Networks of spies and online fraudsters using bribery and fake identities may seem the stuff of high politics, but techniques devised by hostile foreign intelligence services to tap into state secrets are being adapted by those seeking industrial secrets for commercial gain.
The warning comes after investigators claim to have uncovered a series of high-profile infiltrations by Chinese state spies. In one case with ramifications for all organisations, an intelligence officer for China’s Ministry of State Security used the professional social media platform LinkedIn as a route to connect with British officials, academics and those in sensitive positions in security, science, and technology. Presenting himself as a legitimate connection, via a string of aliases and fake companies, he is said to have lured individuals into sharing secrets in exchange for money or lucrative business deals, including requests for specialist articles to be authored.
Targets on LinkedIn involved government officials, but the tactics were also applied to those with privileged research or commercial knowledge in academia and industry.
“It’s easy to see how this approach can be adapted from the arena of state-sponsored spying into the commercial arena and is a real wake-up call for organisations, of all sizes and sectors. They need to be sure they have up-to-date processes in place to protect their intellectual property and confidential organisational information. It’s also important that staff are regularly updated on new techniques being used by fraudsters.”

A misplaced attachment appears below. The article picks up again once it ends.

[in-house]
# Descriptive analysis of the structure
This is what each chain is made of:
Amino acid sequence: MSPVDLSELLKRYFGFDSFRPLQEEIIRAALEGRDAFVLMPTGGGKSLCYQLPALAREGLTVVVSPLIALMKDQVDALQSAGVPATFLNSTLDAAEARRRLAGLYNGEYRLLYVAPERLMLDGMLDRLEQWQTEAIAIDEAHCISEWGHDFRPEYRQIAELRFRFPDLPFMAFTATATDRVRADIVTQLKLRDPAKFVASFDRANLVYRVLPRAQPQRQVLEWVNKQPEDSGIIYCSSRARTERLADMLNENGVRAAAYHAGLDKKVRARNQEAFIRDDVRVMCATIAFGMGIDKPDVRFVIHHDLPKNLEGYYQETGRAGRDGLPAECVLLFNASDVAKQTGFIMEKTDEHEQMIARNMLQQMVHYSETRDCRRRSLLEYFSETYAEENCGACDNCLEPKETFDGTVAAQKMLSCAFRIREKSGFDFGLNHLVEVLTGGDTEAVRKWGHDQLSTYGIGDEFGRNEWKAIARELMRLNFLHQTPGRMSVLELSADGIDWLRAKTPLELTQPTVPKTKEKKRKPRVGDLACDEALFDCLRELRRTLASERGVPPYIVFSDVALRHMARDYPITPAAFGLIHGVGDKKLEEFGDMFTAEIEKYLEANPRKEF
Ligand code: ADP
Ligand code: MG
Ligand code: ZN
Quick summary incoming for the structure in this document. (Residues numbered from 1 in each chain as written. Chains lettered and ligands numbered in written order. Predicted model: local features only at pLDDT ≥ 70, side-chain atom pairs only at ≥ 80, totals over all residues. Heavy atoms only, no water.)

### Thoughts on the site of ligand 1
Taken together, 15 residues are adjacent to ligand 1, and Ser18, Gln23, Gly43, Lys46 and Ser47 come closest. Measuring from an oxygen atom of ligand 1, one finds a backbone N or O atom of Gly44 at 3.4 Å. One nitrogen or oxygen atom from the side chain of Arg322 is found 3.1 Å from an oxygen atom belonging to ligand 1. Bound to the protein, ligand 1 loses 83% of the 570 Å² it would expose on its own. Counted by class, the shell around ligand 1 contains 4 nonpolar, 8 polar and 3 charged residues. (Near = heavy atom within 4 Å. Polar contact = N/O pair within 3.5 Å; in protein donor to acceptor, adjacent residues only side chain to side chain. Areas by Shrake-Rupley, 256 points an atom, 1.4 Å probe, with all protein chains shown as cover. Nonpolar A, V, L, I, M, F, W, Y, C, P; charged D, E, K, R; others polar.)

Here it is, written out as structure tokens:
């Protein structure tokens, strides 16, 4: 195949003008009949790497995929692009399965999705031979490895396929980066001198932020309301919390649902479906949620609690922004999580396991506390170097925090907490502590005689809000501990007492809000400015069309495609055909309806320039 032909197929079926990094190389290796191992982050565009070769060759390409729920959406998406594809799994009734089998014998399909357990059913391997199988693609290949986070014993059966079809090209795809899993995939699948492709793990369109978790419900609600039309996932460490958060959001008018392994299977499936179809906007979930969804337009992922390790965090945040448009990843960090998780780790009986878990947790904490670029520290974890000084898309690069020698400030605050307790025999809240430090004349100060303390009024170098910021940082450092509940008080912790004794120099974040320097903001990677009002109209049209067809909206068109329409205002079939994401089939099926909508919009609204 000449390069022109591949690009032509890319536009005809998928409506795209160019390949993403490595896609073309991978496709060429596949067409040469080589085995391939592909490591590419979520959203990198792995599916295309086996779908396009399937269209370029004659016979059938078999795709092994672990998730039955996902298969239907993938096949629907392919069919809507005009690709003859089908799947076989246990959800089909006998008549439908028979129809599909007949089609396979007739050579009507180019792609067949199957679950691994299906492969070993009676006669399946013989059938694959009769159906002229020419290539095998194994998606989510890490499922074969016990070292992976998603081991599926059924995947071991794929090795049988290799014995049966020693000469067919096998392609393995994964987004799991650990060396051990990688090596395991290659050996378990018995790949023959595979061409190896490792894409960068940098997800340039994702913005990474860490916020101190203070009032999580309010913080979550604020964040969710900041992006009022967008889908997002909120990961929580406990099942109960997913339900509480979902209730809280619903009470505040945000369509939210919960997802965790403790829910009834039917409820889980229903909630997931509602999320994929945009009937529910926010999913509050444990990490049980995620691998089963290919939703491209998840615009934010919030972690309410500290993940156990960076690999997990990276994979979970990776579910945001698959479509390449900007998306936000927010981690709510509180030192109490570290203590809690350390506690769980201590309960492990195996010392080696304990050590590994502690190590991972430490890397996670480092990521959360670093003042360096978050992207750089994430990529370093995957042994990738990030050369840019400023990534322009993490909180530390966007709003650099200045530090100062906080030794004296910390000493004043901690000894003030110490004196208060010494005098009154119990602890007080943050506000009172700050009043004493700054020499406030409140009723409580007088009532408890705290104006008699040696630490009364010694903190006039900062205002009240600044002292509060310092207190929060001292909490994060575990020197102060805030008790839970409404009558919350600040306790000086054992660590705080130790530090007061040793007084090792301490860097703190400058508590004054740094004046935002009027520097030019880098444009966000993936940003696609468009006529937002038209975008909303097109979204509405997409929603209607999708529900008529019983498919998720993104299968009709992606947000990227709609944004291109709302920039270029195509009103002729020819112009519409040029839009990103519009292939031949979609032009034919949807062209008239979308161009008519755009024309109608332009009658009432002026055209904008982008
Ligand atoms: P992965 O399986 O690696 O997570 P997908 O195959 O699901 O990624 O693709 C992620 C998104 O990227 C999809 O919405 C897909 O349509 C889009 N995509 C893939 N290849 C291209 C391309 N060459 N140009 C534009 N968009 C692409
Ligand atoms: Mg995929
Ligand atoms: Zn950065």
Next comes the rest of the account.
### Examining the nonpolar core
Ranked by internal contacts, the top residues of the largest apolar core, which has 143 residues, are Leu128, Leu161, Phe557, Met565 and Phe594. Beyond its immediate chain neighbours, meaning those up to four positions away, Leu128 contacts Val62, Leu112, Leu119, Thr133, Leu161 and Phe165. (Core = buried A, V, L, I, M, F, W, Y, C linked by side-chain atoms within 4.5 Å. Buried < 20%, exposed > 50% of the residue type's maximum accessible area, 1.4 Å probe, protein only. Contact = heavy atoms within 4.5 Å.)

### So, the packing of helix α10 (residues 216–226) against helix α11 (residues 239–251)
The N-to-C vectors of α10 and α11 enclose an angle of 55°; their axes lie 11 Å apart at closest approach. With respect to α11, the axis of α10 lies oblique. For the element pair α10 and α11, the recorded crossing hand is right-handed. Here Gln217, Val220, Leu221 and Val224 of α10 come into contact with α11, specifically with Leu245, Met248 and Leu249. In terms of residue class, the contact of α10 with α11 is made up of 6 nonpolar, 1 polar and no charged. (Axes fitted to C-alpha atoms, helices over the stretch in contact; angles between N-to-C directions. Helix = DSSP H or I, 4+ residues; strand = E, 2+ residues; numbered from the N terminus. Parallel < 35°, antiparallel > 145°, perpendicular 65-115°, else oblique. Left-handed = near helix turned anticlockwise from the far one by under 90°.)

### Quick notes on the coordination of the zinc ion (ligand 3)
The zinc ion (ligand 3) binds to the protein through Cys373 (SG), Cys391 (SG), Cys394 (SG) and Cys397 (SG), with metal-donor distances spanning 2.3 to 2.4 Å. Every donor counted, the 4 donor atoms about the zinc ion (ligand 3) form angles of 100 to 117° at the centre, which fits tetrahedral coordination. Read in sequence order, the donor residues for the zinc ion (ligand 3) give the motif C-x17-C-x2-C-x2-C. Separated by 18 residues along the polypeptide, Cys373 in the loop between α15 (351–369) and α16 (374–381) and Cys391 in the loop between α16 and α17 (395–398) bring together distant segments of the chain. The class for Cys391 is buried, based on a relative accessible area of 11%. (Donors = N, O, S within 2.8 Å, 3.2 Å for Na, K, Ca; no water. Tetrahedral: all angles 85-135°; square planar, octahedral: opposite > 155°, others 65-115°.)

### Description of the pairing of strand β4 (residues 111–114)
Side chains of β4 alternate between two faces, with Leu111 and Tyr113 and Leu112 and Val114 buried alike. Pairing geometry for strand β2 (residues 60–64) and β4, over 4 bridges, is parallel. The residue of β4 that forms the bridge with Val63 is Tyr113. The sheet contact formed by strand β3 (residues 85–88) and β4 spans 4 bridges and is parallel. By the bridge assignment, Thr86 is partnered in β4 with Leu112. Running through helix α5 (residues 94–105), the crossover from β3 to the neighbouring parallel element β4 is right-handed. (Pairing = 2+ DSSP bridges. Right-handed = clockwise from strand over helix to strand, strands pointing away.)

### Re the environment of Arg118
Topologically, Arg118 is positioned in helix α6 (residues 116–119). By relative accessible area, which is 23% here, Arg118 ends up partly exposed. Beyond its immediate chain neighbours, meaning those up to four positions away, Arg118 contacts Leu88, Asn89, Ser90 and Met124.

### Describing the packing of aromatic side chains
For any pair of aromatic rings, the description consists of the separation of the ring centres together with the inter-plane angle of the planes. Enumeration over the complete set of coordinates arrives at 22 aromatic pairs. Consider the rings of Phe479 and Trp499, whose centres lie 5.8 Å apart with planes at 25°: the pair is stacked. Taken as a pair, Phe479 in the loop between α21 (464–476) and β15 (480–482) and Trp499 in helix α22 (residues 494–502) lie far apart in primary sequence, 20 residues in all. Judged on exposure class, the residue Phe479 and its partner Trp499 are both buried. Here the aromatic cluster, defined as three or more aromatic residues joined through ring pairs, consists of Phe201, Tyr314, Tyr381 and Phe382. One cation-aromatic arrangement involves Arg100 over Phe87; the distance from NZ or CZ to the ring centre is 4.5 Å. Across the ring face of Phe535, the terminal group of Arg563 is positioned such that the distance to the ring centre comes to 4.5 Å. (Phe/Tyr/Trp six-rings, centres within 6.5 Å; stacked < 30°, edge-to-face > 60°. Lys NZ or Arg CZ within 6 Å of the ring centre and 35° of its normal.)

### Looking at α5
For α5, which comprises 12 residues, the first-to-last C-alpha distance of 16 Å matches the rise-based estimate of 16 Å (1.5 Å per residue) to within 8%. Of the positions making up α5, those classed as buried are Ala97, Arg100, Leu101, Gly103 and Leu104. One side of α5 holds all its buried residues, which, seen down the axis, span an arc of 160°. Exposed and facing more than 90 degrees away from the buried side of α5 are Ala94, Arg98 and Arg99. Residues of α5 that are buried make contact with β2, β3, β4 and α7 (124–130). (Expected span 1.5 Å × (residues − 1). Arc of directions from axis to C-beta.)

The burden is on business to prove they have protected their corporate intelligence under the Trade Secrets (Enforcement, etc) Regulations 2018, which sets out that reasonable steps must be taken to protect trade secrets.
David Downham Practice Director said: “A regular review of the processes you have in place with employees, suppliers and customers is essential, including non-disclosure agreements and confidentiality provisions in both supplier and client contracts.
“Restricting access to information internally is also important; ideally trade secrets should be stored using encryption and password protection, with clear protocols on access. And sometimes taking simple steps such as using ‘confidential’ as a watermark on documents can help reinforce the culture by demonstrating the value of information that may seem everyday.”
This is not legal advice; it is intended to provide information of general interest about current legal issues.